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John Kasich suspends presidential campaign

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Ohio Gov. John Kasich announces he will suspend his run for president during a press conference at Franklin Park Conservatory and Botanical Gardens on May 4. Credit: Michael Huson | Campus Editor

Ohio Gov. John Kasich announces he will suspend his run for president during a press conference at Franklin Park Conservatory and Botanical Gardens in Columbus, Ohio, on May 4. Credit: Michael Huson | Campus Editor

After almost 10 months on the campaign trail, Ohio Gov. John Kasich announced Wednesday that he would suspend his presidential run.

Kasich made the announcement during a press conference just after 5 p.m. in the Wells Barn at the Franklin Park Conservatory and Botanical Gardens in Columbus, Ohio.

“As I suspend my campaign today, I have renewed faith, deeper faith, that the Lord will show me the way forward and fulfill the purpose of my life,” Kasich said.

Kasich ends his campaign with 153 delegates.

The governor’s campaign suspension clears the path for Republican presidential candidate Donald Trump as the Republican National Convention approaches in July. However, Kasich did not mention Trump or any presidential candidates during his speech.

He spent the 15-minute speech thanking supporters, reminiscing about the campaign and talking about voters he had met along the way.

“I’ve learned something, folks,” he said, “We need to slow down our lives and listen to those around us.”

Kasich also thanked his wife and daughters, as well as his home state.

“As for my beloved Ohio, the people here, I cannot tell you how much I appreciate the opportunity you have given me to be a leader in this state,” Kasich said.

The announcement came after Texas Sen. Ted Cruz suspended his campaign Tuesday night following Trump’s Indiana primary win. Both he and Kasich hoped to stop Trump from getting the 1,237 delegates necessary to clinch the nomination and then go on to prevail in an open convention.

Shortly after it was announced Trump had won the Indiana primary, Kasich’s campaign site stated Kasich would stay in the race.

Wednesday morning, Kasich’s campaign posted a video on Twitter describing the results of a potential election victory by former Secretary of State Hillary Clinton over Trump in November. The video prophesies this future through a scrolling yellow text intro, a la “Star Wars,” and is accompanied by the film’s theme song, with the hashtag #MayThe4thBeWithYou.

He was scheduled to be in Virginia Wednesday but abruptly changed plans shortly after the tweet, instead staying in Columbus, Ohio. Multiple news outlets reported from campaign sources that Kasich would be dropping out later in the day.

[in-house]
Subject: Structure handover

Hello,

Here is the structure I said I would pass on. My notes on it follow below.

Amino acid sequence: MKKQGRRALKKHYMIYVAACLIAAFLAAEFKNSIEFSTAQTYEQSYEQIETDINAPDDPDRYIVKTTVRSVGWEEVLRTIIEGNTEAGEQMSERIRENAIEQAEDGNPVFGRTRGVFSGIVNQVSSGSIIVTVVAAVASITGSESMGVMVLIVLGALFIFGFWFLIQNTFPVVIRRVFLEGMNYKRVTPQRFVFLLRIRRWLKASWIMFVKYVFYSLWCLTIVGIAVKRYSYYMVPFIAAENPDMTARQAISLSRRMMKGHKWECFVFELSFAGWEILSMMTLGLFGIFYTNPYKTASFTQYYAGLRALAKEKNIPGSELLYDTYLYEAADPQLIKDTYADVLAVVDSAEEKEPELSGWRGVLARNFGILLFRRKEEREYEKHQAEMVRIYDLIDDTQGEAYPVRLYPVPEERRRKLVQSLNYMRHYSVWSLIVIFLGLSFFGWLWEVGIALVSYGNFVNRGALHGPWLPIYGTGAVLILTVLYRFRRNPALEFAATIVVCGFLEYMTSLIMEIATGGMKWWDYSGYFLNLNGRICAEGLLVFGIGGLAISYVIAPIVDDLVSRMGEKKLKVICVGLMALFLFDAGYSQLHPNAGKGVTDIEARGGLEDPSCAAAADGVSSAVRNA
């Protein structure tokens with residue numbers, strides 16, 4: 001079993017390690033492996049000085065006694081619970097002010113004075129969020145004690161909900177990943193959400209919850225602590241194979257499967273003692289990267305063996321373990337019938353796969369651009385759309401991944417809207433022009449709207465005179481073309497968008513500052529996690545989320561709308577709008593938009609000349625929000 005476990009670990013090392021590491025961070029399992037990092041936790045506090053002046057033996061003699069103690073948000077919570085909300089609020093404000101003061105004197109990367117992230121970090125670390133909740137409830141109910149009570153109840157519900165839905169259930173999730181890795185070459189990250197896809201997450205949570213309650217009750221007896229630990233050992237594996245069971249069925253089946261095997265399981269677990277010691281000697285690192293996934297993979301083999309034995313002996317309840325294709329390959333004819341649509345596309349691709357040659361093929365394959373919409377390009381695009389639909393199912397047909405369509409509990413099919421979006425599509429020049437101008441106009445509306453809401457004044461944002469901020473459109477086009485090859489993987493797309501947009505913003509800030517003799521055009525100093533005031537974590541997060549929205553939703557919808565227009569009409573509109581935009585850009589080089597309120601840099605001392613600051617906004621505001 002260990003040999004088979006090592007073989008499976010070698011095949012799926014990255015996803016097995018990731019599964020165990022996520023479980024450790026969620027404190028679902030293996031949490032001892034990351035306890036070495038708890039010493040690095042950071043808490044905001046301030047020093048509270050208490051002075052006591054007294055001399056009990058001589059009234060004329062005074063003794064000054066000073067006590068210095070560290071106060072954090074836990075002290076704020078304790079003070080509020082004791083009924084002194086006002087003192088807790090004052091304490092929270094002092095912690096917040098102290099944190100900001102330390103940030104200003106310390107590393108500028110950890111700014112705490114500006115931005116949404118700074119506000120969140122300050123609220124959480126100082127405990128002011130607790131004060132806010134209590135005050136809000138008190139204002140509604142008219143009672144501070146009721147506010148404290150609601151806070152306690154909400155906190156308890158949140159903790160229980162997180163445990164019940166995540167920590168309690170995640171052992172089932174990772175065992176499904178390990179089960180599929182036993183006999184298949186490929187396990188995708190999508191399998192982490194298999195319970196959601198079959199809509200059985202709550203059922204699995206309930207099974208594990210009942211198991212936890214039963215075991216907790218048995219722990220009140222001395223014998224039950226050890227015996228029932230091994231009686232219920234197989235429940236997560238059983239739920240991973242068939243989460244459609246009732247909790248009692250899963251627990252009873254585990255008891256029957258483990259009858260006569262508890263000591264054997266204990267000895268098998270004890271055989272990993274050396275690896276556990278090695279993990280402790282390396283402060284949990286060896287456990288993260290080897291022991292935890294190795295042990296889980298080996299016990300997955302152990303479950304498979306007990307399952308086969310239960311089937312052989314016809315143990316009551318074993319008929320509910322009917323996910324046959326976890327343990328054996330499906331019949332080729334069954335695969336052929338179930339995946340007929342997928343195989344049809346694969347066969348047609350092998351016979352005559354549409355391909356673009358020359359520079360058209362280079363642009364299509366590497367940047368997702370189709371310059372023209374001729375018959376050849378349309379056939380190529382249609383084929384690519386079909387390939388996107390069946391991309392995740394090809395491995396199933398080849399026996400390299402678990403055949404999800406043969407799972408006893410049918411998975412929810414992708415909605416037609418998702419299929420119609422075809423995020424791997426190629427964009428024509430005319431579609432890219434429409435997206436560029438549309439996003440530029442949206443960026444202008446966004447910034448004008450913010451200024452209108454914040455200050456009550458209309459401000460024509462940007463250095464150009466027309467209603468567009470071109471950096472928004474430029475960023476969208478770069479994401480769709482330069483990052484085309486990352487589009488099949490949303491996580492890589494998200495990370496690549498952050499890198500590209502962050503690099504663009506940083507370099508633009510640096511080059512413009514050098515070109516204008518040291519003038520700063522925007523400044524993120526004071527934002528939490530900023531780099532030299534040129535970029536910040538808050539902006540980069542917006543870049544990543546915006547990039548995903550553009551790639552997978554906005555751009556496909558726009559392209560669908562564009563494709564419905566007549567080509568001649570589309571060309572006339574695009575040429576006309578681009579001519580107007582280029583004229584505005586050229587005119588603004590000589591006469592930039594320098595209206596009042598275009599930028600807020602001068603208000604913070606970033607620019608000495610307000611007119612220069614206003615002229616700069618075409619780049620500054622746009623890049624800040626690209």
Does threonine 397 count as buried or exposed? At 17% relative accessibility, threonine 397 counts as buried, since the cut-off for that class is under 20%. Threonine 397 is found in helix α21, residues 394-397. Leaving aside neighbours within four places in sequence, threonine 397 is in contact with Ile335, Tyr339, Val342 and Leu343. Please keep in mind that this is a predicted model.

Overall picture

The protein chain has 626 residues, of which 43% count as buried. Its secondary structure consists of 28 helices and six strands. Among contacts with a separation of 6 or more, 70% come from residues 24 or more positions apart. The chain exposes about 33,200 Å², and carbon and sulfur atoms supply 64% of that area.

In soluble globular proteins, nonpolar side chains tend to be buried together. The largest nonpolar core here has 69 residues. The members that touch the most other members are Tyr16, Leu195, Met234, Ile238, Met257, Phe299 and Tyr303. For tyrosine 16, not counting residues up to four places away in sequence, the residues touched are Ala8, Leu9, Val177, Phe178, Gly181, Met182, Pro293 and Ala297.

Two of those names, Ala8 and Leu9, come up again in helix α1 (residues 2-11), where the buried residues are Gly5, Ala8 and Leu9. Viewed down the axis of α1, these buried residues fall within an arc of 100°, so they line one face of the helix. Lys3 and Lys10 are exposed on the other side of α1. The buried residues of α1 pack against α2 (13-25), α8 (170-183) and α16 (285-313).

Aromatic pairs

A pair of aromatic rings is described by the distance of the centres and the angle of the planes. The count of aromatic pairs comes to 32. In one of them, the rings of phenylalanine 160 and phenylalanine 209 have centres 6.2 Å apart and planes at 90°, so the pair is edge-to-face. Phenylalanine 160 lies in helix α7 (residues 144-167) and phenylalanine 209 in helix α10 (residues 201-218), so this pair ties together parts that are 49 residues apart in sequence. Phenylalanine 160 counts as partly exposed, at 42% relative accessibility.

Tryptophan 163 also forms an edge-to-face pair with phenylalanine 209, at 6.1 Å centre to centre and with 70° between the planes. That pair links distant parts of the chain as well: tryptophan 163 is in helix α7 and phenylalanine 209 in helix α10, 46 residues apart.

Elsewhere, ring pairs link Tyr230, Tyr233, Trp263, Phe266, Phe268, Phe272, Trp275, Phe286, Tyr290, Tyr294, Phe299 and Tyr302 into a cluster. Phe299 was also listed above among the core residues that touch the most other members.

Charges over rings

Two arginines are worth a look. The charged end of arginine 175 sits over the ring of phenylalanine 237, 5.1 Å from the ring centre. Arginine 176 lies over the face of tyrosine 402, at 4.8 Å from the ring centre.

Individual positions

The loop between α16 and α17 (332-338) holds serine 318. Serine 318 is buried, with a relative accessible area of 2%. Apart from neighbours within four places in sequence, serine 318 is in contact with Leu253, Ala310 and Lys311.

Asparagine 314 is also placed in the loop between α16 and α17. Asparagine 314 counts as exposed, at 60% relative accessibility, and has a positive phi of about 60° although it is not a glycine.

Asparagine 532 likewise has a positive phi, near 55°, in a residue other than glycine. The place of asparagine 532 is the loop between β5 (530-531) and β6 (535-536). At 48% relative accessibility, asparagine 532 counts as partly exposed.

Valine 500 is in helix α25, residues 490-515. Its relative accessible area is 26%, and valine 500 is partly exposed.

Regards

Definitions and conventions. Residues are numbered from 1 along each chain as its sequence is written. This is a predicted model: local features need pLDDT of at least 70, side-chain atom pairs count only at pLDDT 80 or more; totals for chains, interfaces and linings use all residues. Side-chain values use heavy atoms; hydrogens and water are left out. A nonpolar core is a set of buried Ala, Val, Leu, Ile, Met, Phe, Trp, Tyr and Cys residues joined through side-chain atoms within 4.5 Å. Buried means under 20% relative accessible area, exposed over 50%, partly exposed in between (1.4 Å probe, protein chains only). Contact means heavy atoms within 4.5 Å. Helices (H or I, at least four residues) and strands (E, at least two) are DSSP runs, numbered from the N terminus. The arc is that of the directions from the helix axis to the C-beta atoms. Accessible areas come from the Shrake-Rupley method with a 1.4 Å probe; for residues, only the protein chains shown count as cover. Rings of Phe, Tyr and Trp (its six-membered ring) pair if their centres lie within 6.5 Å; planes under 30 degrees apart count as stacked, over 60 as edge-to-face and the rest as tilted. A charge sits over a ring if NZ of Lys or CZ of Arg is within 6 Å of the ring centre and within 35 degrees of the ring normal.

Even in his speech, Kasich held off from officially saying he was suspending his campaign until the last moments of his statement.

Kasich also mentioned the generosity of donors to his campaign, acknowledging the uphill battle his team faced vying for the nomination of his party.

“We never had all the money we wanted. We were probably outspent 50-to-one,” he said. “But we were never, ever daunted in that.”

Kasich announced his run for president at his alma mater, Ohio State, on July 21. The announcement was met by chants of, “Run, John, run,” by supporters in the Ohio Union after weeks of anticipation leading up to his campaign kickoff.

Kasich claimed his first and only primary victory in his home state of Ohio on March 16. With that primary win, he collected all of Ohio’s 66 delegates, more than doubling his total at the time.

He had promised to end his White House bid if he failed to carry his own state, but he told supporters attending his primary watch party on March 16 at Baldwin Wallace University that, with the win, the campaign would continue.

Despite carrying a somber tone through portions of his speech on Wednesday, Kasich said he has found several silver linings looking back at his experience as Republican presidential candidate.

“The people of our country changed me,” he said. “They changed me with the stories of their lives.”

This was Kasich’s second run for the White House, after a brief campaign in 1999 that ended with him dropping out due to low fundraising support.

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